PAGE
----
The FX6 is the latest entry into Sony’s Cinema Line, which also includes the VENICE and FX9 cameras, delivers a coveted filmic look cultivated from extensive experience in digital cinema production. As part of the Cinema Line, the all-new FX6 incorporates Sony’s core technologies of image sensor, processing engine, and AF (autofocus) performance. It is also compatible with the wide range of Sony E-mount lenses for creative flexibility and has enhanced operability thanks to an innovative body design, extensive durability and intuitive customizability.
We like to think of the FX6 as a mini FX9 with an A7S3 sensor. It really is a great compact cinema camera with very few compromises being made vs the larger bodies.
While it is not explicitly stated that the FX6 uses the same Full Frame sensor as the A7S3, the specs seem to indicate that it is. The resolution is the same. 12.1 MP in total, with a usable area of 10.2 MP. The sensitivity characteristics are the same with optimal ISO ratings at 800 and 12,800. And its paired with the same Bionz XR processor, which likely means that the sensor read out speed is phenomenally fast. All of this should mean that the camera is a Low Light monster with 15+ stops of dynamic range.
Like the FX9, VENICE, and A7S3, the color science of the camera is based on the S-Cinetone curve developed for VENICE in 2018. This means that you will get pleasing images right out of the box without requiring any post grading or tweaking. This addresses one of the biggest gripes about Sony cameras over the years, that Sony color profiles were drab, clinical, and not aesthetic without putting in the extra work. Additionally the camera has S-Log.3 and S-Gammut3.cine gamma and gamut profiles for integration with the rest of Sony’s current and legacy cameras.
The Codecs and Frame Rates:
Unlike previous cameras in this segment of the lineup, the FX6 is not hampered by inferior codecs. The FX6 has XAVC-L, like the FS5 did, but it also has XAVC-I as an option, just like the FX9. This means you get an All-I coded for 10-bit 4:2:2 recording up to 120fps in 4k QFHD (Quad Full High Definition, AKA UHD) and up to 60fps in 4k DCI. Like the A7S3 you can also do up to 240fps in HD.
The Variable ND:
Just like its FS5 predecessors, and the FS7m2 and FX9 cameras, the FX6 has a built in Electronic Variable ND filter. The filtration is from 1/4 to 1/128, or 2 to 7 stops. They did also adopt the dedicated ND wheel from the FX9, meaning no more going back and forth between ND and Iris control with a physical switch on the body.
The RAW Output:
No unsurprisingly the camera offers a 12G SDI output for sending a 4k signal to an external monitor or recorder. What is only marginally surprising, only in that it is not a paid upgrade as it has been previously, the FX6 also uses the SDI spigot to send out a 16-bit RAW signal. I would not be surprised to hear that Atomos will support this on their Shogun 7 and Neon monitors in the very near future.
The Cine.EI Mode:
This is a new one for this class of camera. If you are familiar with the FS7, FX9, F5/55, etc you will already be familiar with Cine.EI. If you are not familiar with it, Cine.EI mode is a more professional way of recording S-log images, offering better color sampling and other advantages over S-log in custom mode. It also means that the FS5 will have real 1D and 3D LUT’s which mean more accurate and customizable monitoring of S-log signals than the Gamma Display Assist options available on the FS5 and A7S3 cameras.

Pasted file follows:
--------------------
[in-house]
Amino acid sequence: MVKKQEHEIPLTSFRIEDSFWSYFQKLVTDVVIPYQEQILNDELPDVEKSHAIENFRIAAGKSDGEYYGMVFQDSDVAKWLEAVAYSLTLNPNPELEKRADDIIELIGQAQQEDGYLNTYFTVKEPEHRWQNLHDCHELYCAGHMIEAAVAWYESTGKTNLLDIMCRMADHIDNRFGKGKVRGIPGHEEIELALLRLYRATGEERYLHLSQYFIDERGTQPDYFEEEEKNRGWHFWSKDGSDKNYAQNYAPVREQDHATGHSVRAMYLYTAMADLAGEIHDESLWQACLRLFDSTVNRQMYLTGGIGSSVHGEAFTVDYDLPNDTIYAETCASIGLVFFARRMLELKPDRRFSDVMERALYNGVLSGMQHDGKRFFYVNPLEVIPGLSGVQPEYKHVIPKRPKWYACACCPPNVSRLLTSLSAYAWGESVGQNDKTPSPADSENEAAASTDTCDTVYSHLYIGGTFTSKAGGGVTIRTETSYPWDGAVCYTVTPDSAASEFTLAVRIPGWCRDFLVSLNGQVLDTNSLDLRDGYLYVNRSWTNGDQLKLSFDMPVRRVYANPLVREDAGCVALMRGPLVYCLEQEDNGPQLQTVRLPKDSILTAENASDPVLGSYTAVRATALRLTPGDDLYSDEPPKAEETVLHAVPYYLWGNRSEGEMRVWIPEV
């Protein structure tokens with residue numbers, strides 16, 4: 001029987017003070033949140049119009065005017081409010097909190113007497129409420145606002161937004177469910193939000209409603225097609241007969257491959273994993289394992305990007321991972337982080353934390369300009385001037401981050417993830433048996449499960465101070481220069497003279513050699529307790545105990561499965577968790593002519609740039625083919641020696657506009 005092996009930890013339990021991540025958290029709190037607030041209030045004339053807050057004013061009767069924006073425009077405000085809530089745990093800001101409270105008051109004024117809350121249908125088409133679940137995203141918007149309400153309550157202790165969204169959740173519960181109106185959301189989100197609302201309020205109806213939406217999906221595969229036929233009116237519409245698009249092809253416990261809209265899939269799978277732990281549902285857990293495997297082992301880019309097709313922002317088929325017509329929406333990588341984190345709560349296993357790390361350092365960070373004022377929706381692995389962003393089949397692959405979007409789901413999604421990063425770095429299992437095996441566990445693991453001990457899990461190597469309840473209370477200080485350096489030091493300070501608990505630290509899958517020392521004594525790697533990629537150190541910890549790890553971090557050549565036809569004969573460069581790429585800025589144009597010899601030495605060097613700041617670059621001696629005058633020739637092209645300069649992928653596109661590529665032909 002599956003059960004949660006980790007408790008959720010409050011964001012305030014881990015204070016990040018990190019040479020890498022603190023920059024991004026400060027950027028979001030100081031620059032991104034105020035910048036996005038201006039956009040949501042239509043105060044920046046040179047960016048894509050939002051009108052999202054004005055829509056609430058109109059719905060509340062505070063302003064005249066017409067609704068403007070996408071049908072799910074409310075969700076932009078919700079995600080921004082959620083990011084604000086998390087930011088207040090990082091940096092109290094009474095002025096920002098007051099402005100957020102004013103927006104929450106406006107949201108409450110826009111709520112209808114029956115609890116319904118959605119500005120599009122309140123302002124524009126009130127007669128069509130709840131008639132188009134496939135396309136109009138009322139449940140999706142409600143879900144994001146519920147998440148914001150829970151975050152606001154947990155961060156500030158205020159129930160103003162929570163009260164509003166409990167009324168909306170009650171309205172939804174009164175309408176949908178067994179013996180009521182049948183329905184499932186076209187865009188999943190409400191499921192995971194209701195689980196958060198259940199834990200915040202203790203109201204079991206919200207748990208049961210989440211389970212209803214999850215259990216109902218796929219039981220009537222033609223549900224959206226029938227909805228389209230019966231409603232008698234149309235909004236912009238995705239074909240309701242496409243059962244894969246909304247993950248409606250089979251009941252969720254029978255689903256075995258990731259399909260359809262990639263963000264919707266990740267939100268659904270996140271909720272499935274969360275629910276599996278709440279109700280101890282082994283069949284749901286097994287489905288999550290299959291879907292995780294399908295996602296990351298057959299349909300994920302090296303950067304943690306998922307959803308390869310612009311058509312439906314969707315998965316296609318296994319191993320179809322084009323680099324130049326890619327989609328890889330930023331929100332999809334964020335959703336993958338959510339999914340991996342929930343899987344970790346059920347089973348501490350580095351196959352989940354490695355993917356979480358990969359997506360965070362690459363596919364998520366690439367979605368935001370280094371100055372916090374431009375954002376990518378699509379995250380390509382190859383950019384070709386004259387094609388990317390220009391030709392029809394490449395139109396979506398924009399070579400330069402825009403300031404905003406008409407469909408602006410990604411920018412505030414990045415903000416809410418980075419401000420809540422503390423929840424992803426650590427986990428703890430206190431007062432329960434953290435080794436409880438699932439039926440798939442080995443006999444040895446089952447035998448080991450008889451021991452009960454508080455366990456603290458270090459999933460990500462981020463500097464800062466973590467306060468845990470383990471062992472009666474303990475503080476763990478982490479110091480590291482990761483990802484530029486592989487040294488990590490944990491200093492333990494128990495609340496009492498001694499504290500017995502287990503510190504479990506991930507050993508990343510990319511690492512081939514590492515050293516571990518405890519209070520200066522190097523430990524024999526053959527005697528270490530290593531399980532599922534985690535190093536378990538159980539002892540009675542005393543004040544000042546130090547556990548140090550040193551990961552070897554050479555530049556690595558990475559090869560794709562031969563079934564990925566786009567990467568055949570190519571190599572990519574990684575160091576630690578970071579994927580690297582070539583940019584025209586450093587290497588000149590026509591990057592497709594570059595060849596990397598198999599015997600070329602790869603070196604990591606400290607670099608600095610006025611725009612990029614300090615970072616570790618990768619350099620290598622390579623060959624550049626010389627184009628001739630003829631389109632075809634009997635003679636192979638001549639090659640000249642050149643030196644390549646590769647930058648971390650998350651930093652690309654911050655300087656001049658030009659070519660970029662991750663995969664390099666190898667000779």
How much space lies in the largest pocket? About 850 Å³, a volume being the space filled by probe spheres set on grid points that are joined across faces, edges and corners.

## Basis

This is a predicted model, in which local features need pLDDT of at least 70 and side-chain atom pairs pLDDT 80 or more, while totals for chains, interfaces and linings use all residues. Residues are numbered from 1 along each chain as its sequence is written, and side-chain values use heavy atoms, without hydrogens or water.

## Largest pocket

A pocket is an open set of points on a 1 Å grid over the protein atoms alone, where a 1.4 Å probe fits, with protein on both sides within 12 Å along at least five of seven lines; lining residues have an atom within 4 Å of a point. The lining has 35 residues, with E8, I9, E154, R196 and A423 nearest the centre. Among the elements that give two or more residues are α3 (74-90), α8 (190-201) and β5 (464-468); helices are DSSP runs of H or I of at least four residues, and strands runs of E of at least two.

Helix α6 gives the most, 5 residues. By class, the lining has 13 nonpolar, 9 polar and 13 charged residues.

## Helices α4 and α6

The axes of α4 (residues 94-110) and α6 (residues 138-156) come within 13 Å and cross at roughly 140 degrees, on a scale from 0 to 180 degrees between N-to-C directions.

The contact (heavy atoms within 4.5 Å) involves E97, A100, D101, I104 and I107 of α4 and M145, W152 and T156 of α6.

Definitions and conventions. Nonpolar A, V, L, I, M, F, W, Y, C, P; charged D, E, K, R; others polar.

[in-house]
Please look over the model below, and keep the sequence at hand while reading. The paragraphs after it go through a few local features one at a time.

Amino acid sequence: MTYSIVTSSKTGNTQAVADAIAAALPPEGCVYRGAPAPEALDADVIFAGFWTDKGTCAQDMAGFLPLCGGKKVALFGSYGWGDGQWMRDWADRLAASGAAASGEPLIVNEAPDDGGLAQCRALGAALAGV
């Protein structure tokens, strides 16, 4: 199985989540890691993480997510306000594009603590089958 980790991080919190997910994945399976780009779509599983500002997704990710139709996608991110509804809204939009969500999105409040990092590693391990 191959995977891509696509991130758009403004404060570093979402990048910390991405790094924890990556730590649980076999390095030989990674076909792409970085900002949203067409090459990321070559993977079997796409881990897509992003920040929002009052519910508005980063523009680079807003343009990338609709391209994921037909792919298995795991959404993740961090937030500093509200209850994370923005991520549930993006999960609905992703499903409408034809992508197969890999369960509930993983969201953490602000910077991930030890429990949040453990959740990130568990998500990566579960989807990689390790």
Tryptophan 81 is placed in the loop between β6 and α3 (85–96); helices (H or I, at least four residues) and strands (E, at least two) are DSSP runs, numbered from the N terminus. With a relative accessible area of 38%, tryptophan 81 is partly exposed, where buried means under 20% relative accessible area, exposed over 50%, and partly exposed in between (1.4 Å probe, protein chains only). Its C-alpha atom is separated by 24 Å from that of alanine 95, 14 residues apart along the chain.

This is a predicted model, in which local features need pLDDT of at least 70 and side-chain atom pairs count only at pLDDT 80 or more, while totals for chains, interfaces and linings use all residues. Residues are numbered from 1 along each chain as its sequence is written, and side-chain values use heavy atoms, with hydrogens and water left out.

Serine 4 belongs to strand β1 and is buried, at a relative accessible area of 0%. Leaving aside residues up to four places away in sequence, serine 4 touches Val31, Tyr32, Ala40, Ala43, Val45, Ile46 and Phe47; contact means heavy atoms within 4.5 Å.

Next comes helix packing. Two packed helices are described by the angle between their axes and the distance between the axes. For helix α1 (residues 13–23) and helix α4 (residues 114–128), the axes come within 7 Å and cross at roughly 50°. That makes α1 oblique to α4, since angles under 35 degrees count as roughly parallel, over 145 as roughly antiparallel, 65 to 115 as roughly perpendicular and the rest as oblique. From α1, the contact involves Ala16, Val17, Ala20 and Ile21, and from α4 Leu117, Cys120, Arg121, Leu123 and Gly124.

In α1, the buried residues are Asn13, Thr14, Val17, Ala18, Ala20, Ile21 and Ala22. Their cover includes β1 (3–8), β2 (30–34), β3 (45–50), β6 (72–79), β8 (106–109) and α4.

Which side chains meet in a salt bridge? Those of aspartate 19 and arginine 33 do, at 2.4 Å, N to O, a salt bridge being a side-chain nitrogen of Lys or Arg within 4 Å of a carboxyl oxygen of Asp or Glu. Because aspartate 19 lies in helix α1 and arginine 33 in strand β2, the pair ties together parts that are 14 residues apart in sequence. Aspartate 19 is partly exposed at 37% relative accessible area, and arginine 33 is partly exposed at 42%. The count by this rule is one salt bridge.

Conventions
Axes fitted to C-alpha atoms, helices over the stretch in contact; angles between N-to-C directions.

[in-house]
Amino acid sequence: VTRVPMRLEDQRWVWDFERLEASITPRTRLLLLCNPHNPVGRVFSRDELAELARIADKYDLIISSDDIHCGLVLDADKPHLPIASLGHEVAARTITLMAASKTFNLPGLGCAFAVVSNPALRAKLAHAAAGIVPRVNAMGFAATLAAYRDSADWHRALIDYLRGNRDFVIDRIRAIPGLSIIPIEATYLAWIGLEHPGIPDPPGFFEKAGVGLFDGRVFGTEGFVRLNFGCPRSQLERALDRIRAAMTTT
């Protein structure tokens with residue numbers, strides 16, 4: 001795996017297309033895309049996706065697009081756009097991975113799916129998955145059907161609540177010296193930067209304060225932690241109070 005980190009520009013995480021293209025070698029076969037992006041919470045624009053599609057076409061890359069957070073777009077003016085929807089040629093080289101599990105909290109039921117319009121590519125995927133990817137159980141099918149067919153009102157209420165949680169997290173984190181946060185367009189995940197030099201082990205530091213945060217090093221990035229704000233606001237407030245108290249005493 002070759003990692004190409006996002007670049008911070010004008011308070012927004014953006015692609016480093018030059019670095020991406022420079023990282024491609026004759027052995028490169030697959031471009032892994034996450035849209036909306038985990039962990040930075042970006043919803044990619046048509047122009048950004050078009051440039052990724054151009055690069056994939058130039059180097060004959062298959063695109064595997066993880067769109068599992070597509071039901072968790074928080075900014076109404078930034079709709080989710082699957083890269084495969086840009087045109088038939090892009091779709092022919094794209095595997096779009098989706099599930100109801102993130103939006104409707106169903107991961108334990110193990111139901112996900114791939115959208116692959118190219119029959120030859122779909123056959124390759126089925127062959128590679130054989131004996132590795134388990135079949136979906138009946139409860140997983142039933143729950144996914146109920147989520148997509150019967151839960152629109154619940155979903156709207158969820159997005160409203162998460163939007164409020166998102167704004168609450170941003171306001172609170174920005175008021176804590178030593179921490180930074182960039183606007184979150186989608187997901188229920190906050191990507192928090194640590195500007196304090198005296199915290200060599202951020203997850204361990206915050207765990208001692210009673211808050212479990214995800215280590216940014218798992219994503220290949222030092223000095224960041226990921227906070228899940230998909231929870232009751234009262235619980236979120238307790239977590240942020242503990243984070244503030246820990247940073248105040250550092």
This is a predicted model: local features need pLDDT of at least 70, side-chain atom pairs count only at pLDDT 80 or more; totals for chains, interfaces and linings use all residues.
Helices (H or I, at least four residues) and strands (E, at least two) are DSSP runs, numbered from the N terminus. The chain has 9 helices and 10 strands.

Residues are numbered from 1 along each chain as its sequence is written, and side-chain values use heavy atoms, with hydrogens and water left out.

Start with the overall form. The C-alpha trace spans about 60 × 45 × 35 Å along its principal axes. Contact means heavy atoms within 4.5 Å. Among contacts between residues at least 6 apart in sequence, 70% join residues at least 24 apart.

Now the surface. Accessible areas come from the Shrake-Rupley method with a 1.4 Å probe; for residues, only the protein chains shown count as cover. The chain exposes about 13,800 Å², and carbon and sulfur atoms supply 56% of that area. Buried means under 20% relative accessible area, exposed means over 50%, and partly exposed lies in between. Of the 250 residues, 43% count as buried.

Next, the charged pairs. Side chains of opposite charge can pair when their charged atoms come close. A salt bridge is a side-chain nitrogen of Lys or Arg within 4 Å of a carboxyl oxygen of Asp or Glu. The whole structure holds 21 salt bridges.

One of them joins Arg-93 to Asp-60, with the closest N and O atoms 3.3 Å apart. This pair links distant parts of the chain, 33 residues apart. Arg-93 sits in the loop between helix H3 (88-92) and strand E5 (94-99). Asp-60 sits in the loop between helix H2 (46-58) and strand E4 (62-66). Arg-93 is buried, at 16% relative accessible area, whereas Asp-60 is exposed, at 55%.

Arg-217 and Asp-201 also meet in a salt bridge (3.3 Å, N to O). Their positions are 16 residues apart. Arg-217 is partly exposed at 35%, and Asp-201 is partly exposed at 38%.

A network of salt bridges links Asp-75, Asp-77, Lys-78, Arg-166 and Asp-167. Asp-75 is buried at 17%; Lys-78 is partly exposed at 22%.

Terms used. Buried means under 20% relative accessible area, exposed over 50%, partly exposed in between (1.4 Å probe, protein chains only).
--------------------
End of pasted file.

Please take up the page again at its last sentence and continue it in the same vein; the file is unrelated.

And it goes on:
The Auto Focus:
Just like the FX9 and A7S3, the FX6 has Sony’s amazing Fast Hybrid Auto Focus system. The face and eye detection processing is incredibly quick and accurate, and the FX6 is introducing some quick override and subject selection features that utilize the focus ring on the lenses. You can use the focus ring to override the autofocus system to manual focus, OR, you can use the ring to quickly switch between subjects when you have multiple faces in the shot.
The LCD Screen:
The FX6 sports a larger LCD screen than the FS5 with touch capability. You can use the touch screen to set focus points and to navigate settings in the Status Menu. There are also 5 mounting points on the camera to position the LCD in a variety of locations to aid different shooting situations.
The Smart Handle:
The newly designed smart handle offers some of the things you would normally expect on a top handle; Mic holder, XLR inputs, Zoom rocker, start/stop button, M/I shoe, etc. But it also offers a few new innovations. There are now 2 user assignable buttons for quick access to features you might need while shooting holding the handle as well as a multi-selector button (joystick) for navigating certain settings. There are also several 1/4-20 mounting points for accessories.
The Smart Grip:
Not much to say about it, other than that the connector is now a micro-usb instead of LANC. In theory you could potentially use an FX9 hand grip on the FX6 just like you could use the FS7 handle on an FS5.
A few other notable features that don’t fall anywhere in the above. Dual SDXC/CF Express Type A slots (just like the A7S3). Built-in Wi-Fi for use with mobile monitoring/control apps. TC in/out port. Simultaneous Proxy recording (likely limited based on selected frame rate/resolution). No doubt there is more yet to be discovered after getting into the camera.